McNulty knew several of the Seawolves squad, the club had won the first two MLR titles in 2018 and 2019, and the head coach Allen Clarke – the former Ireland international, Ulster assistant coach, and Ospreys boss – had been already tried to sign him a year before. McNulty packed his bags to go north.

He sensed that the Seawolves were building momentum. He was right. Seattle, whose starting team today includes ex-Ulster man David Busby, are on a four-game winning streak including last weekend’s Western Conference trophy success over Houston. That said, New York have also won four in a row.

a-view-of-the-red-bull-arena The MLR final takes place at the Red Bull Arena today. Source: Ryan Byrne/INPHO

“They’re star-studded, a lot of All Blacks and Kiwis with Super Rugby experience but we played against them earlier in the year and it was a close game, we just lost, says McNulty of New York.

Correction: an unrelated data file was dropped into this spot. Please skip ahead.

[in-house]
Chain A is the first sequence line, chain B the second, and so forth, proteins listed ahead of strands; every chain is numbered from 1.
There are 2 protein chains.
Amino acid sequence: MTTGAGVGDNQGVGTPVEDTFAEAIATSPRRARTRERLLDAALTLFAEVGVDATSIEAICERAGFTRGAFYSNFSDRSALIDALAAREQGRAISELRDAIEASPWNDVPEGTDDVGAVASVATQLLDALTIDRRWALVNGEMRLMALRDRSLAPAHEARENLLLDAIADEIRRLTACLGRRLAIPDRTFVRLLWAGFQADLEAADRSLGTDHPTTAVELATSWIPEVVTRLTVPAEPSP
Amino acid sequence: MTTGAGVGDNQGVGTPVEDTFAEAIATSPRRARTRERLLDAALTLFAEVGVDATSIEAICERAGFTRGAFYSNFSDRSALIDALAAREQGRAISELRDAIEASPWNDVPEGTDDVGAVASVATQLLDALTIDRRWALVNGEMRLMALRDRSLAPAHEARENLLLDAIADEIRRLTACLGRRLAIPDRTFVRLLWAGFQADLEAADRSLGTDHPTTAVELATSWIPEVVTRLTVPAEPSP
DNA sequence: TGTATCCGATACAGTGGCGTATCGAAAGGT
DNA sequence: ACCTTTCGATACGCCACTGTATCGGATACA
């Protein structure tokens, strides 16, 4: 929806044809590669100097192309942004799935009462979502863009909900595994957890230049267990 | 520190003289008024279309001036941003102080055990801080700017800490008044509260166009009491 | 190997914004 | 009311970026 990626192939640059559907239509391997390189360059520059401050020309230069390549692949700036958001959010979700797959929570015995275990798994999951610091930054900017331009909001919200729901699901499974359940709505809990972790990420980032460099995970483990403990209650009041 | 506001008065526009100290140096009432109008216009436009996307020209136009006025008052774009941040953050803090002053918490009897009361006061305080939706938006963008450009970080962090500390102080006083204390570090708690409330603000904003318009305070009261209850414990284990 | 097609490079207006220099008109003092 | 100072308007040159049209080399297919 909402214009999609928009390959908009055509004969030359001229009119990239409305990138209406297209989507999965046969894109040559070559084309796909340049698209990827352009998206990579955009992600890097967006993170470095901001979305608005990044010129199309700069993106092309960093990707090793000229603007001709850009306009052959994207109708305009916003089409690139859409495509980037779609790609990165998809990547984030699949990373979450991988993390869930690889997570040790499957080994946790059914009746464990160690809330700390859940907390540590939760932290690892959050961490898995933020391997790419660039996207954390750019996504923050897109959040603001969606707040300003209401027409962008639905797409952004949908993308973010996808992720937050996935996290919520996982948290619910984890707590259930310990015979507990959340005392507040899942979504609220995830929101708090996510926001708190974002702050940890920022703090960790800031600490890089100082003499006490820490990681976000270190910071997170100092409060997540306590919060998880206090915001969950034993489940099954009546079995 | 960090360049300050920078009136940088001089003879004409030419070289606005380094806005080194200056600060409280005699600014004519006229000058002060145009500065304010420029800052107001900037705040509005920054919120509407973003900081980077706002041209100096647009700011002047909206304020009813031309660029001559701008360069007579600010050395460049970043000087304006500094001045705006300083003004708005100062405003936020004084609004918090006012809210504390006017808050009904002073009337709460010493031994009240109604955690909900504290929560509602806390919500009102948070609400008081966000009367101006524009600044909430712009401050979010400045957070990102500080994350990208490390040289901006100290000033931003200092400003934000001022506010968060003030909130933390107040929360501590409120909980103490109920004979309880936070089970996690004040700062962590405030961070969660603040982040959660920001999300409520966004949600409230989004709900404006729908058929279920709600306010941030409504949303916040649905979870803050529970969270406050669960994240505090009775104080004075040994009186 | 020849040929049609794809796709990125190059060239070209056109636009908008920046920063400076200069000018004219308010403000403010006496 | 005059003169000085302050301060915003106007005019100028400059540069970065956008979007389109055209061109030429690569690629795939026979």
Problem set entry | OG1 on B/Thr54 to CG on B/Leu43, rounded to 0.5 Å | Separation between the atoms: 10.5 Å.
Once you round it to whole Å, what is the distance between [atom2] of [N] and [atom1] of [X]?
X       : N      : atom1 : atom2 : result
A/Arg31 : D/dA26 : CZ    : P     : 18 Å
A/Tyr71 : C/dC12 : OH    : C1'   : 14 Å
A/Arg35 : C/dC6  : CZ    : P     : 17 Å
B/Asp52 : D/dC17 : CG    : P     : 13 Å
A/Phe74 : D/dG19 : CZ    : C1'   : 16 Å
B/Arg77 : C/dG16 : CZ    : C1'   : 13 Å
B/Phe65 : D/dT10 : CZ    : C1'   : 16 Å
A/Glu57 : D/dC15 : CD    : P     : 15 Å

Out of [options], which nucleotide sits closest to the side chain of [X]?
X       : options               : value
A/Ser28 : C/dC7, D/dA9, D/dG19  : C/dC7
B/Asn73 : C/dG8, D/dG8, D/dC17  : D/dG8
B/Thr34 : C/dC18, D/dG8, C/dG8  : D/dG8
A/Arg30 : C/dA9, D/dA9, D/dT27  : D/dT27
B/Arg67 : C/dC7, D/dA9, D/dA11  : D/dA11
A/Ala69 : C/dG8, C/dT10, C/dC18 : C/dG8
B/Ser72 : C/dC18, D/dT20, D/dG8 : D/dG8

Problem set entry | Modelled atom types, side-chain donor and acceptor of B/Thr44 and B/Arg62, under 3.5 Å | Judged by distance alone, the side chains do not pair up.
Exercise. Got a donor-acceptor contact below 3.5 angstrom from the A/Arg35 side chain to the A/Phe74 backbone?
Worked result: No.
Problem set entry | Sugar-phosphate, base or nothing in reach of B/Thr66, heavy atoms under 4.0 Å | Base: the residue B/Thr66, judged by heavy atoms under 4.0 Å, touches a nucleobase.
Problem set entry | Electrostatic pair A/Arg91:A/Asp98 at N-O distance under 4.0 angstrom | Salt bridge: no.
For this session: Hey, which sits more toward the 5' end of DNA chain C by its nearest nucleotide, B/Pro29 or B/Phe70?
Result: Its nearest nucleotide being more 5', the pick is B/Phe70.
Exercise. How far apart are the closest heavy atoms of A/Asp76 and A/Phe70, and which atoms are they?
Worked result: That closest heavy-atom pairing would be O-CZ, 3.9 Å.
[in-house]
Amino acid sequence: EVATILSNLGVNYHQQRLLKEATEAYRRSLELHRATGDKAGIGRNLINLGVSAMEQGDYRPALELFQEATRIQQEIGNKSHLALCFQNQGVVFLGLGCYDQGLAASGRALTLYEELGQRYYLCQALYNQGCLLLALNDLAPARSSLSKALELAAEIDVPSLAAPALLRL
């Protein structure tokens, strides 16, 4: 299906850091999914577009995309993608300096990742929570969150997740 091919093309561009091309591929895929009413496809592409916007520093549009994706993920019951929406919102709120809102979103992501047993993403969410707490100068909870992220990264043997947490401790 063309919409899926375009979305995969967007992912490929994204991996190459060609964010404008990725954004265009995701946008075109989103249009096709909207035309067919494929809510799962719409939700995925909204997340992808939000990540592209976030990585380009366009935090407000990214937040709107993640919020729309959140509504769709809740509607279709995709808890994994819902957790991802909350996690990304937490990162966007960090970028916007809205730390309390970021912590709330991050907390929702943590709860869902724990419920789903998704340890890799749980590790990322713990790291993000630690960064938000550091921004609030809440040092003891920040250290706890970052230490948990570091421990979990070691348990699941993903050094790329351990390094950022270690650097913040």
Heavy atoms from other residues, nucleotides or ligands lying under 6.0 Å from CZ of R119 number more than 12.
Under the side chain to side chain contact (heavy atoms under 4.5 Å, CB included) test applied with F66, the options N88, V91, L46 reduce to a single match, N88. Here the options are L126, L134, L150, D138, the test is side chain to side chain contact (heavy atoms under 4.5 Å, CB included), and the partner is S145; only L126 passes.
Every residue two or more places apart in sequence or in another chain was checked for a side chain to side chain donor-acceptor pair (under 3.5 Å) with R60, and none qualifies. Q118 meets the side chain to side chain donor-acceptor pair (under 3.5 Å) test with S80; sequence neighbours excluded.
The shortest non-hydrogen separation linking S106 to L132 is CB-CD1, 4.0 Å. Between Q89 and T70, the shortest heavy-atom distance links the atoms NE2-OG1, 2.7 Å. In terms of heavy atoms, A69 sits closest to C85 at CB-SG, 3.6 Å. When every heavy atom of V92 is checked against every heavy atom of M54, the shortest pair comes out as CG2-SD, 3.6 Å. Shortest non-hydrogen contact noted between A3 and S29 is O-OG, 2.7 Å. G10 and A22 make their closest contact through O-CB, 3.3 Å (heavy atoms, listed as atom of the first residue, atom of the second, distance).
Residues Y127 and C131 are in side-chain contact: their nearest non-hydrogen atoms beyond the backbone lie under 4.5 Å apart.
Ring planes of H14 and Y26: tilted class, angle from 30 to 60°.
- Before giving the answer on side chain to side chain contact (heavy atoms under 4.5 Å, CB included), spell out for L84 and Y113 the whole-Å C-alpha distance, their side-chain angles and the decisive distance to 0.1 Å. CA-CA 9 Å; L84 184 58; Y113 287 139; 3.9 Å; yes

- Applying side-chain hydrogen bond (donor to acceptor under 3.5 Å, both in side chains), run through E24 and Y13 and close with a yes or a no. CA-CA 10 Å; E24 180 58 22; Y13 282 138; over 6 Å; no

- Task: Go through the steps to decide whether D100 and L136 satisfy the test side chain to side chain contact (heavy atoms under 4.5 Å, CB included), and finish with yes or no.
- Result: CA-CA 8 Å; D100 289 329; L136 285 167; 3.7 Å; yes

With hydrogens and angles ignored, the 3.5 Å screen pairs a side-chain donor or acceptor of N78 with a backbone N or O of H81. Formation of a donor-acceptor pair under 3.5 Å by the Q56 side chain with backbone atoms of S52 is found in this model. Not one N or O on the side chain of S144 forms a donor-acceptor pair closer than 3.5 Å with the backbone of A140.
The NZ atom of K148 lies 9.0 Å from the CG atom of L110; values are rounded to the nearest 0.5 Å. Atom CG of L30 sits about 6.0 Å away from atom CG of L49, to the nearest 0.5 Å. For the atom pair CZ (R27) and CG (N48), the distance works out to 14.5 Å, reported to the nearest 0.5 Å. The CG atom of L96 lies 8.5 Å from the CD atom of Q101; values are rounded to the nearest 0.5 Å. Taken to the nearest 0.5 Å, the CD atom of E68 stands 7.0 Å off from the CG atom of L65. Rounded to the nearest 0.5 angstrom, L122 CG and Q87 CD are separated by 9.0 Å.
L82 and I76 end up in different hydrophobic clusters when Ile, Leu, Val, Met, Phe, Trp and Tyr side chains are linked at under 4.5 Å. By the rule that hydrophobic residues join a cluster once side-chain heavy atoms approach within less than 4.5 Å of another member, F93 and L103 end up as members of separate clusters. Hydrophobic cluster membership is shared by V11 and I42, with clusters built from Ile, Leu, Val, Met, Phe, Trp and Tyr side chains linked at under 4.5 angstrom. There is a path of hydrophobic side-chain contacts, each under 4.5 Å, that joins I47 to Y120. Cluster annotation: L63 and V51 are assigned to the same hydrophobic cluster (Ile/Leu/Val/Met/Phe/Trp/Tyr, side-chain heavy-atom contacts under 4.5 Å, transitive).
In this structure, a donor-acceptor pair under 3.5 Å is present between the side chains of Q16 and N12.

“We’re going pretty well at the moment and we have a really good team ourselves. It’s fixed to be a good one.”

Another MLR medal is the goal for McNulty this weekend but he still has hopes of forcing his way into the Eagles mix in the future.

He was invited to a training camp in 2020 but then Covid-19 struck and the meet-up was cancelled. McNulty hasn’t heard anything since.

“I’m really enjoying my rugby and if an Eagles opportunity comes around, that would be great.”

McNulty finished his degree in Business and Sports Management online during his first couple of years in the US so he has already been future-proofing himself but there is still plenty of road left for him in rugby.

He hasn’t looked back to Ireland or Europe since 2019 and he can see himself living in the US even post-rugby, but the nomadic McNulty is always open to new opportunities.

“I do view rugby as a ticket to see the world and new experiences, so if something came up I would think about it.

“Japan’s league is going pretty well, that would be cool to do at some point, but right now I’m a US-qualified player in the US and I’m only 26, so it’s pretty cool being here.”

About the author:

Murray Kinsella